July 2019
Volume 60, Issue 9
Open Access
ARVO Annual Meeting Abstract  |   July 2019
Optical density ratio – a prognostic marker for chronicity in Central Serous Chorioretinopathy
Author Affiliations & Notes
  • Meira Neudorfer
    Department of Ophthalmology, Tel-Aviv Medical Center, Tel Aviv, Israel
    Sackler Faculty of Medicine, Tel Aviv University, Israel
  • Noam Brakin
    Sackler Faculty of Medicine, Tel Aviv University, Israel
  • Adiel Barak
    Department of Ophthalmology, Tel-Aviv Medical Center, Tel Aviv, Israel
    Sackler Faculty of Medicine, Tel Aviv University, Israel
  • Dinah Zur
    Department of Ophthalmology, Tel-Aviv Medical Center, Tel Aviv, Israel
    Sackler Faculty of Medicine, Tel Aviv University, Israel
  • Anat Loewenstein
    Department of Ophthalmology, Tel-Aviv Medical Center, Tel Aviv, Israel
    Sackler Faculty of Medicine, Tel Aviv University, Israel
  • Iris Moroz
    Goldschleger Eye Institute, Sheba Medical Center, Tel Hashomer, Israel, Israel
    Sackler Faculty of Medicine, Tel Aviv University, Israel
  • Ari Leshno
    Goldschleger Eye Institute, Sheba Medical Center, Tel Hashomer, Israel, Israel
    Sackler Faculty of Medicine, Tel Aviv University, Israel
  • Footnotes
    Commercial Relationships   Meira Neudorfer, None; Noam Brakin, None; Adiel Barak, None; Dinah Zur, None; Anat Loewenstein, None; Iris Moroz, None; Ari Leshno, None
  • Footnotes
    Support  NONE
Investigative Ophthalmology & Visual Science July 2019, Vol.60, 1589. doi:
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    • Get Citation

      Meira Neudorfer, Noam Brakin, Adiel Barak, Dinah Zur, Anat Loewenstein, Iris Moroz, Ari Leshno; Optical density ratio – a prognostic marker for chronicity in Central Serous Chorioretinopathy. Invest. Ophthalmol. Vis. Sci. 2019;60(9):1589.

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      © ARVO (1962-2015); The Authors (2016-present)

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Abstract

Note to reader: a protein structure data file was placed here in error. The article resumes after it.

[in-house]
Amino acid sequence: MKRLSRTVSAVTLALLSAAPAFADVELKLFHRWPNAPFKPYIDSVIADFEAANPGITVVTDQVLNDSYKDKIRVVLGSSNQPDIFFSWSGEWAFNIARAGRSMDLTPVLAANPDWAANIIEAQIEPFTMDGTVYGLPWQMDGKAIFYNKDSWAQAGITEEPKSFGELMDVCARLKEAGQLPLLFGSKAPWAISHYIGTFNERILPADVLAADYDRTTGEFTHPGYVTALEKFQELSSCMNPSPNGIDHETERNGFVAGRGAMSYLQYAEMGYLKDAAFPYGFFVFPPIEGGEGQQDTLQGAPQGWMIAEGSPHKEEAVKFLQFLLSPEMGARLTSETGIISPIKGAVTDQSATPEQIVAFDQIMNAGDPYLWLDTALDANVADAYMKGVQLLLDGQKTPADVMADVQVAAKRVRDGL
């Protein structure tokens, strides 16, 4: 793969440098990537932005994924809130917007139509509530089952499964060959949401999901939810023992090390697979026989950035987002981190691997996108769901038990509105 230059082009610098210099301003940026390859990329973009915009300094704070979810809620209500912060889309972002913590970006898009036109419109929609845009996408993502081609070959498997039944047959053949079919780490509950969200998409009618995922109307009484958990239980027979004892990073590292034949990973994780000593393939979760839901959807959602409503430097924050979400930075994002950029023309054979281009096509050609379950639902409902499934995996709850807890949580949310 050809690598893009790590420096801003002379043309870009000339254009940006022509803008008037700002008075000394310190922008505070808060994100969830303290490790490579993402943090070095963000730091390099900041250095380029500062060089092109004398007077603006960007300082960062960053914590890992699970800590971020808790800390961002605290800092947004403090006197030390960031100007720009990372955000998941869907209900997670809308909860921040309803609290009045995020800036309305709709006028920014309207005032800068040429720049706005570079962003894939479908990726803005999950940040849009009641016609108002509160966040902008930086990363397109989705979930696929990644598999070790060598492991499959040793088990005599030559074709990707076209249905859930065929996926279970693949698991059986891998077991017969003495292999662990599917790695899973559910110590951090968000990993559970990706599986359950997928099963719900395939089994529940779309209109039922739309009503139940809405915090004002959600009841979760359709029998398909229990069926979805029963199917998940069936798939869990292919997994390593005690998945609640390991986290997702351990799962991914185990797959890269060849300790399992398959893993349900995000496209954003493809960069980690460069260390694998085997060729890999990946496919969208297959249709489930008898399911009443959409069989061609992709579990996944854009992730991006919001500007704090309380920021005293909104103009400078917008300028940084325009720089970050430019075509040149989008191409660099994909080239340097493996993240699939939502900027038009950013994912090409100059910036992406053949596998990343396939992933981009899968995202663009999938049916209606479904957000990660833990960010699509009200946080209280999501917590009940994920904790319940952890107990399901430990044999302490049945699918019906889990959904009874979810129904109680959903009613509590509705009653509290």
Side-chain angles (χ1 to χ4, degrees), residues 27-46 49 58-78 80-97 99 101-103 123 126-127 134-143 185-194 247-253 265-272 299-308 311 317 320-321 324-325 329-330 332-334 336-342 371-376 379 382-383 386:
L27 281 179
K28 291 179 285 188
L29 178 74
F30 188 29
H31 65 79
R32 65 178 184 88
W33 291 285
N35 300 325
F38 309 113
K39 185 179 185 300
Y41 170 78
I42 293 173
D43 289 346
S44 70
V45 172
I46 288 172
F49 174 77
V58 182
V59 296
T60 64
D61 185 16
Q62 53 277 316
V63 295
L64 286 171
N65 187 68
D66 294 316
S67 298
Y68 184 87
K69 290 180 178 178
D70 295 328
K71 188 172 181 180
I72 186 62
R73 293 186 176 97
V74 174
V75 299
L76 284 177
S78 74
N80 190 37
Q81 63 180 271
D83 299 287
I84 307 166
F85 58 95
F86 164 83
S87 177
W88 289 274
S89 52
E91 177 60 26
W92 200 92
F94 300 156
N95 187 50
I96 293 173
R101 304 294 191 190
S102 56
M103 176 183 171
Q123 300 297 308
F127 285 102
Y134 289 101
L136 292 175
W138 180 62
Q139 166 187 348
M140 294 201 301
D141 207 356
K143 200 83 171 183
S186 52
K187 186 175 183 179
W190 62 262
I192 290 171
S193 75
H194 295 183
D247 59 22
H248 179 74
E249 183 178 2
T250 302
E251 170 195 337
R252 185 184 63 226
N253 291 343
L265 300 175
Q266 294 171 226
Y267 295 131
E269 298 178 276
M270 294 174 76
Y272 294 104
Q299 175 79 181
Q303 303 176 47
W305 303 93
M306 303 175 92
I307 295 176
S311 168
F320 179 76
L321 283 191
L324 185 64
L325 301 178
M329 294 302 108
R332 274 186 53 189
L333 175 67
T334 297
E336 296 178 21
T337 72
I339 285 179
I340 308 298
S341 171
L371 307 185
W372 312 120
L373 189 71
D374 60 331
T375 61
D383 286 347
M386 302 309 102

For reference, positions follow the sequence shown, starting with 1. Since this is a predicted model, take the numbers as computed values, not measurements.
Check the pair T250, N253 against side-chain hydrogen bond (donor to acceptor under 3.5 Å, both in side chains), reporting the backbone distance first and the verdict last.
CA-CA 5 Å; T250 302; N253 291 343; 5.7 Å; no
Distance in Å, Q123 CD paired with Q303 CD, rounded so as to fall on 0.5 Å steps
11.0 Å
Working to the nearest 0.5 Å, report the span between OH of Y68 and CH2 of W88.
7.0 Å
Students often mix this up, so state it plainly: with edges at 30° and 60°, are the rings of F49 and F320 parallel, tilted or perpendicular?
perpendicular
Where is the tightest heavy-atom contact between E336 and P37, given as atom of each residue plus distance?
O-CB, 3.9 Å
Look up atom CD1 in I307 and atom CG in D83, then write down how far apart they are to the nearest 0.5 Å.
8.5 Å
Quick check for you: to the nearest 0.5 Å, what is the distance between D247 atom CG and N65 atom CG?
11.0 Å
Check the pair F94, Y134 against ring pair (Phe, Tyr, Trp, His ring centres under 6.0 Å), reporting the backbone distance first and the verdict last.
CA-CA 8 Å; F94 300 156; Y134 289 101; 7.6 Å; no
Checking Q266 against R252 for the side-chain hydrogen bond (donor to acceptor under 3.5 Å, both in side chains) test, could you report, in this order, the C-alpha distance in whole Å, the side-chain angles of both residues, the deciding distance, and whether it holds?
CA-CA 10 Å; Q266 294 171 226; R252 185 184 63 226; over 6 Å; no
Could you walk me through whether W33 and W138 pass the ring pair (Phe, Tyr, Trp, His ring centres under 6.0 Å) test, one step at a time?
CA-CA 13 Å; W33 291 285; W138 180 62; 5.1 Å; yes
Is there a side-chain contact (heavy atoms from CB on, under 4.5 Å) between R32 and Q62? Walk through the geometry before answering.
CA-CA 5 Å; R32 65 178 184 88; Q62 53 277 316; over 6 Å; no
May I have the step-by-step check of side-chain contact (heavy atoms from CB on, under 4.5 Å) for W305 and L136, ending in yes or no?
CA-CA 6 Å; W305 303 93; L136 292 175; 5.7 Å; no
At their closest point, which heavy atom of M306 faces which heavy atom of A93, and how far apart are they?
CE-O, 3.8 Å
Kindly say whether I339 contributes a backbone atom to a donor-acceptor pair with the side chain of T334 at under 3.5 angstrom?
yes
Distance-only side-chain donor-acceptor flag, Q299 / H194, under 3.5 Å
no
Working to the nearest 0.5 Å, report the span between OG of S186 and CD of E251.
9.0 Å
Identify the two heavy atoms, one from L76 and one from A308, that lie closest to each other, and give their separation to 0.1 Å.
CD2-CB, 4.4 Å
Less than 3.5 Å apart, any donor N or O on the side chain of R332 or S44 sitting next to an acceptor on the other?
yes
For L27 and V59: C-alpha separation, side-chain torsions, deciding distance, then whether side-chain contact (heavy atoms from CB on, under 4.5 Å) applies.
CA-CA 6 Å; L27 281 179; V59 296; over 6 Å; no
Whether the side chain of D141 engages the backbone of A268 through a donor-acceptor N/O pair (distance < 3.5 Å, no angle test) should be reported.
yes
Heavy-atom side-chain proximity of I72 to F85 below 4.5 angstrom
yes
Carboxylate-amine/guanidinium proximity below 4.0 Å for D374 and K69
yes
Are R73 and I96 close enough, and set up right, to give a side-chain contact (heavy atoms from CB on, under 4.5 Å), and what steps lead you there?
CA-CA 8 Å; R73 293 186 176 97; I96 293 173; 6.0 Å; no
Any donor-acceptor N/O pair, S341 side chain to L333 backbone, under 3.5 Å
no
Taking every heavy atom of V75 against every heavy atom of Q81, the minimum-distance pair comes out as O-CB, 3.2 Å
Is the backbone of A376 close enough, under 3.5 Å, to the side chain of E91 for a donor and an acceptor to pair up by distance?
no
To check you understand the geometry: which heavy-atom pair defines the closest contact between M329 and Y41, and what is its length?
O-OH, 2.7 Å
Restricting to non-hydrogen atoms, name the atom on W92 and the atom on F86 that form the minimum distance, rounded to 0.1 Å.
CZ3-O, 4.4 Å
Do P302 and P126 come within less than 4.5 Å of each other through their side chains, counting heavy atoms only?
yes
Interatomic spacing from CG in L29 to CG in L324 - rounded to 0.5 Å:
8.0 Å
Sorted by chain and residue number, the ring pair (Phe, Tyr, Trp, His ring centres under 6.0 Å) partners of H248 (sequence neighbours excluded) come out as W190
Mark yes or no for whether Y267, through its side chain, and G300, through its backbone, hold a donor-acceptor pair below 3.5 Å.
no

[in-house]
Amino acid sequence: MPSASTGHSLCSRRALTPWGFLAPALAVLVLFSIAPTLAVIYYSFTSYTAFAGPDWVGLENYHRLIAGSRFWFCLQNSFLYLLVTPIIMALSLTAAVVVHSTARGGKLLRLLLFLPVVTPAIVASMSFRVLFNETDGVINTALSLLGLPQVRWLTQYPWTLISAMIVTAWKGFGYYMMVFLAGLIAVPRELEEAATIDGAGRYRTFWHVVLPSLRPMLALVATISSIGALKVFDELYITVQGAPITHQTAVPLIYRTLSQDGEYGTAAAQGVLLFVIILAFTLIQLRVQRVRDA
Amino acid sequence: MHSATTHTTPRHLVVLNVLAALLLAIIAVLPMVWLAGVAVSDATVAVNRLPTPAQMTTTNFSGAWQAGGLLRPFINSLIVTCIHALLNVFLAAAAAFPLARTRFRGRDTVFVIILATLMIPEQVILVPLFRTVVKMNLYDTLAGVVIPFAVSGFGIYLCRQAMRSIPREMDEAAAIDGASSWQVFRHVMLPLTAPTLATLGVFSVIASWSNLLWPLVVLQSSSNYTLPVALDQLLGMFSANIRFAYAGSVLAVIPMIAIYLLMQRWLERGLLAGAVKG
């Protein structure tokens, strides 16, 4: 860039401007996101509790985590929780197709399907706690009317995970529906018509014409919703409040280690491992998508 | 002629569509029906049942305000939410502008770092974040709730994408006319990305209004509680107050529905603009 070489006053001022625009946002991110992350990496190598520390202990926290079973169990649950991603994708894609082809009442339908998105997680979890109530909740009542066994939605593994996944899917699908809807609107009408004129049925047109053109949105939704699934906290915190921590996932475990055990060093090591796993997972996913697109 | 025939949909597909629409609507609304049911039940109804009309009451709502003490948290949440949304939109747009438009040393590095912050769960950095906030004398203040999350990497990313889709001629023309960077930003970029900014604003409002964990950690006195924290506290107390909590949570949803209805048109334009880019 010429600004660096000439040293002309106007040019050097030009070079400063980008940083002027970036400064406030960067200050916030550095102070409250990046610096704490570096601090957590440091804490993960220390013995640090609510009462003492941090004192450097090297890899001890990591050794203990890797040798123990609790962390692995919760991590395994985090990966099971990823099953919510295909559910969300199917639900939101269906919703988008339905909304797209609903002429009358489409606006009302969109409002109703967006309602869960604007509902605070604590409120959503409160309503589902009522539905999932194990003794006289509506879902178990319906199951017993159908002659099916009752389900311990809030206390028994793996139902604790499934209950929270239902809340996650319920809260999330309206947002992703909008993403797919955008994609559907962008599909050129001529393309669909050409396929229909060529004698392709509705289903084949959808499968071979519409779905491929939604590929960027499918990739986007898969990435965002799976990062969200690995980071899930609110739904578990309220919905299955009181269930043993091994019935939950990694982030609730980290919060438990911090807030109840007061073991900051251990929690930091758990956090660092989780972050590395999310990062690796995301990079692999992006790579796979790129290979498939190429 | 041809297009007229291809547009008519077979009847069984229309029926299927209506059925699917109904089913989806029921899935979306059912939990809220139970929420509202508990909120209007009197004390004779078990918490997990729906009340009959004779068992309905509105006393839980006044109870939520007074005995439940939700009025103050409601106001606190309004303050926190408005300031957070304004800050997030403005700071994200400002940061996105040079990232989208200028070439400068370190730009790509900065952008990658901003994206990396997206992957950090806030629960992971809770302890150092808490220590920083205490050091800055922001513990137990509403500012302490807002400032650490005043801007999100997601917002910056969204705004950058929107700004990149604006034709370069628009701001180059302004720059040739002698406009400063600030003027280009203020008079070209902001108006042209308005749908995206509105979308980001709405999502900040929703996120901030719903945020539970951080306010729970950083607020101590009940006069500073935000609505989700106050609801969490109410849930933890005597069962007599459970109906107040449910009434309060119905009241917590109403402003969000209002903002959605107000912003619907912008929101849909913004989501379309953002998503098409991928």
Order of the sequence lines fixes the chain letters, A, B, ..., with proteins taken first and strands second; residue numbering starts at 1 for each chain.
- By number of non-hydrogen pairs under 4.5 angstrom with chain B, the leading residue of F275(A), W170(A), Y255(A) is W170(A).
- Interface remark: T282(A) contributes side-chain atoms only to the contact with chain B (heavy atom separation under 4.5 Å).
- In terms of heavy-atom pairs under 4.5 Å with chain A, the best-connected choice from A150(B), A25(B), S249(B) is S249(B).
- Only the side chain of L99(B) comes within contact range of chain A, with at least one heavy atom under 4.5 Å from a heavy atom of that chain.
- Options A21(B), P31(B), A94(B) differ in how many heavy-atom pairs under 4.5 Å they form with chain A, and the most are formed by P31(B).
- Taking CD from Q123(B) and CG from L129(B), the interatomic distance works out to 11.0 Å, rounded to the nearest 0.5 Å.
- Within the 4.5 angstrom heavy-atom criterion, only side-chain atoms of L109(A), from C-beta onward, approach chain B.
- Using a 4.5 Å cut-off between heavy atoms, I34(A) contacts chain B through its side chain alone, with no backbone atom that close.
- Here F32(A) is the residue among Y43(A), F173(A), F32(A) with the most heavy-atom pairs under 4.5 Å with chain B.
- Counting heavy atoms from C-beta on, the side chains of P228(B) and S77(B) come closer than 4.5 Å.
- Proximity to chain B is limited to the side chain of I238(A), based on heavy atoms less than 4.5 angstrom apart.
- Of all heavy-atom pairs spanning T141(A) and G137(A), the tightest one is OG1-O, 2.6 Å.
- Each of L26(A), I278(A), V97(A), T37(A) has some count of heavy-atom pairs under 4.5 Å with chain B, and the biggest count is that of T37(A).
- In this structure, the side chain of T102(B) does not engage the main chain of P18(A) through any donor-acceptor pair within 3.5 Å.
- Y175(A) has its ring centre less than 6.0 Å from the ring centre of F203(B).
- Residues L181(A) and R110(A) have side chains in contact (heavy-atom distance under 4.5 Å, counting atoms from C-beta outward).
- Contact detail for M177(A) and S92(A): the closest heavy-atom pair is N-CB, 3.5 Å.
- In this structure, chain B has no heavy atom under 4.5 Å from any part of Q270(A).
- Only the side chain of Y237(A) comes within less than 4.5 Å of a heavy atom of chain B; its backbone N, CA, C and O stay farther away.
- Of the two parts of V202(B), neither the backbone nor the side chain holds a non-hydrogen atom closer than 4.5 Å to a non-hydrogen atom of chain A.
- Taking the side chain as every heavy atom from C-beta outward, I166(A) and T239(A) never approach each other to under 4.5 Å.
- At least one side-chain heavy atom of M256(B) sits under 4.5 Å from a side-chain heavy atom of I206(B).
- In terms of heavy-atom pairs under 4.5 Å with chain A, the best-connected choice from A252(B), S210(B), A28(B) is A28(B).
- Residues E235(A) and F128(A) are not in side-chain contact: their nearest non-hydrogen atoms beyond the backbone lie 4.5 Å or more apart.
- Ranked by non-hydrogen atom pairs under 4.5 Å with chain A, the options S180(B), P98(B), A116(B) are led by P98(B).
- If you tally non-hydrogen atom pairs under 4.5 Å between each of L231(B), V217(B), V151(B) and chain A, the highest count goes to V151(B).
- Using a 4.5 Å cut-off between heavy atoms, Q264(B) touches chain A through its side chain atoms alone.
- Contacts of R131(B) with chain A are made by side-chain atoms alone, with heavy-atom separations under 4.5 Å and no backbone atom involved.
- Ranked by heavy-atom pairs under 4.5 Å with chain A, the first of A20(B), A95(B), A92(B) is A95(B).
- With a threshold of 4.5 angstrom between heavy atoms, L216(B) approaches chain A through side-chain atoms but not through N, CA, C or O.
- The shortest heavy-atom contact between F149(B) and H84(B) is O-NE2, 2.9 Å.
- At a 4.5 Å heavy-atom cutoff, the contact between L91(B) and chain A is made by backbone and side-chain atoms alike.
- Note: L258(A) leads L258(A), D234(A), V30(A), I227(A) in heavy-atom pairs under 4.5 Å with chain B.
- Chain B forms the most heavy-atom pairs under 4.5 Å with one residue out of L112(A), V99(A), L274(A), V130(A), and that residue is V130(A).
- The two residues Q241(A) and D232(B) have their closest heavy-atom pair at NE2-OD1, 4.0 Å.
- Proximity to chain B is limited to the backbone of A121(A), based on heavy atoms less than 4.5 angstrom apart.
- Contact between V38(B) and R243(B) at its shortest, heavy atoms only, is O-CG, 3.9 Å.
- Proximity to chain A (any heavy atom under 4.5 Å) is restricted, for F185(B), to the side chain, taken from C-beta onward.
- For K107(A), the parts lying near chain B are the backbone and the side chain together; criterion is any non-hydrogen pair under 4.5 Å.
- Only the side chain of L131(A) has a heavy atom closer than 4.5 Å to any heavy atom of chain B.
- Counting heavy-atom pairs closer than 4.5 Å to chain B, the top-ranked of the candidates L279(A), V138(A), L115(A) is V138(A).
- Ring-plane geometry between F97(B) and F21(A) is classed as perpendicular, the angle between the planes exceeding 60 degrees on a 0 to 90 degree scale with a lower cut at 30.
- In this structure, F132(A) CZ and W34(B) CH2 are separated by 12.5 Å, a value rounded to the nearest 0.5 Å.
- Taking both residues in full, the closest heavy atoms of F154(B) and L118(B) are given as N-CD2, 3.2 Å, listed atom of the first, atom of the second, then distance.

Purpose : Central serous chorioretinopathy (CSR) can be classified according to its clinical course to acute or and chronic. Acute CSR usually resolves spontaneously within2–3 months. Knowing the potential chronicity at presentation can improve treatment and management of the disease. We investigated the clinical significance and prognostic value of the sub-retinal fluid (SRF) optical density ratio (ODR) in CSR at presentation.

Methods : Medical charts of patients diagnosed with CSR were retrospectively reviewed for cases with follow-up of at least 3 months for whom optical coherence tomography (OCT) was done at presentation prior to any intervention and showed sufficient SRF for sampling. Optical density (OD) measurements were obtained using ImageJ and ODRs were calculated as SRF OD divided by vitreous OD. Subjects were categorized as acute or chronic based on the presence of SRF at follow-up.

Results : Thirty-nine eyes of 41 men and 9 women (mean age 41.4 ±9.1) met the inclusion criteria. Three months from presentation, SRF had absorbed in 19 cases (acute group) and remained in 20 (chronic group). There were no significant differences between the groups at presentation in age, sex, visual acuity, and OCT image acquisition parameters. Baseline ODR was significantly higher in the chronic group (1.032±0.321 versus 0.798+0.267 in the acute group, P=0.018). Visual acuity at follow-up was significantly better in the acute group than the chronic group (0.03±0.05 versus 0.12+0.16, respectively, P=0.035). No significant differences were found in choroidal thickness and the need for treatment. Base line maximal retinal thickness was significantly higher in the chronic group compared to the acute group (496.8±70.7 versus 586.7±160.5microns respectively, P=0.040).

Conclusions : ODR can be a useful prognostic marker for chronicity in CSR.

This abstract was presented at the 2019 ARVO Annual Meeting, held in Vancouver, Canada, April 28 - May 2, 2019.

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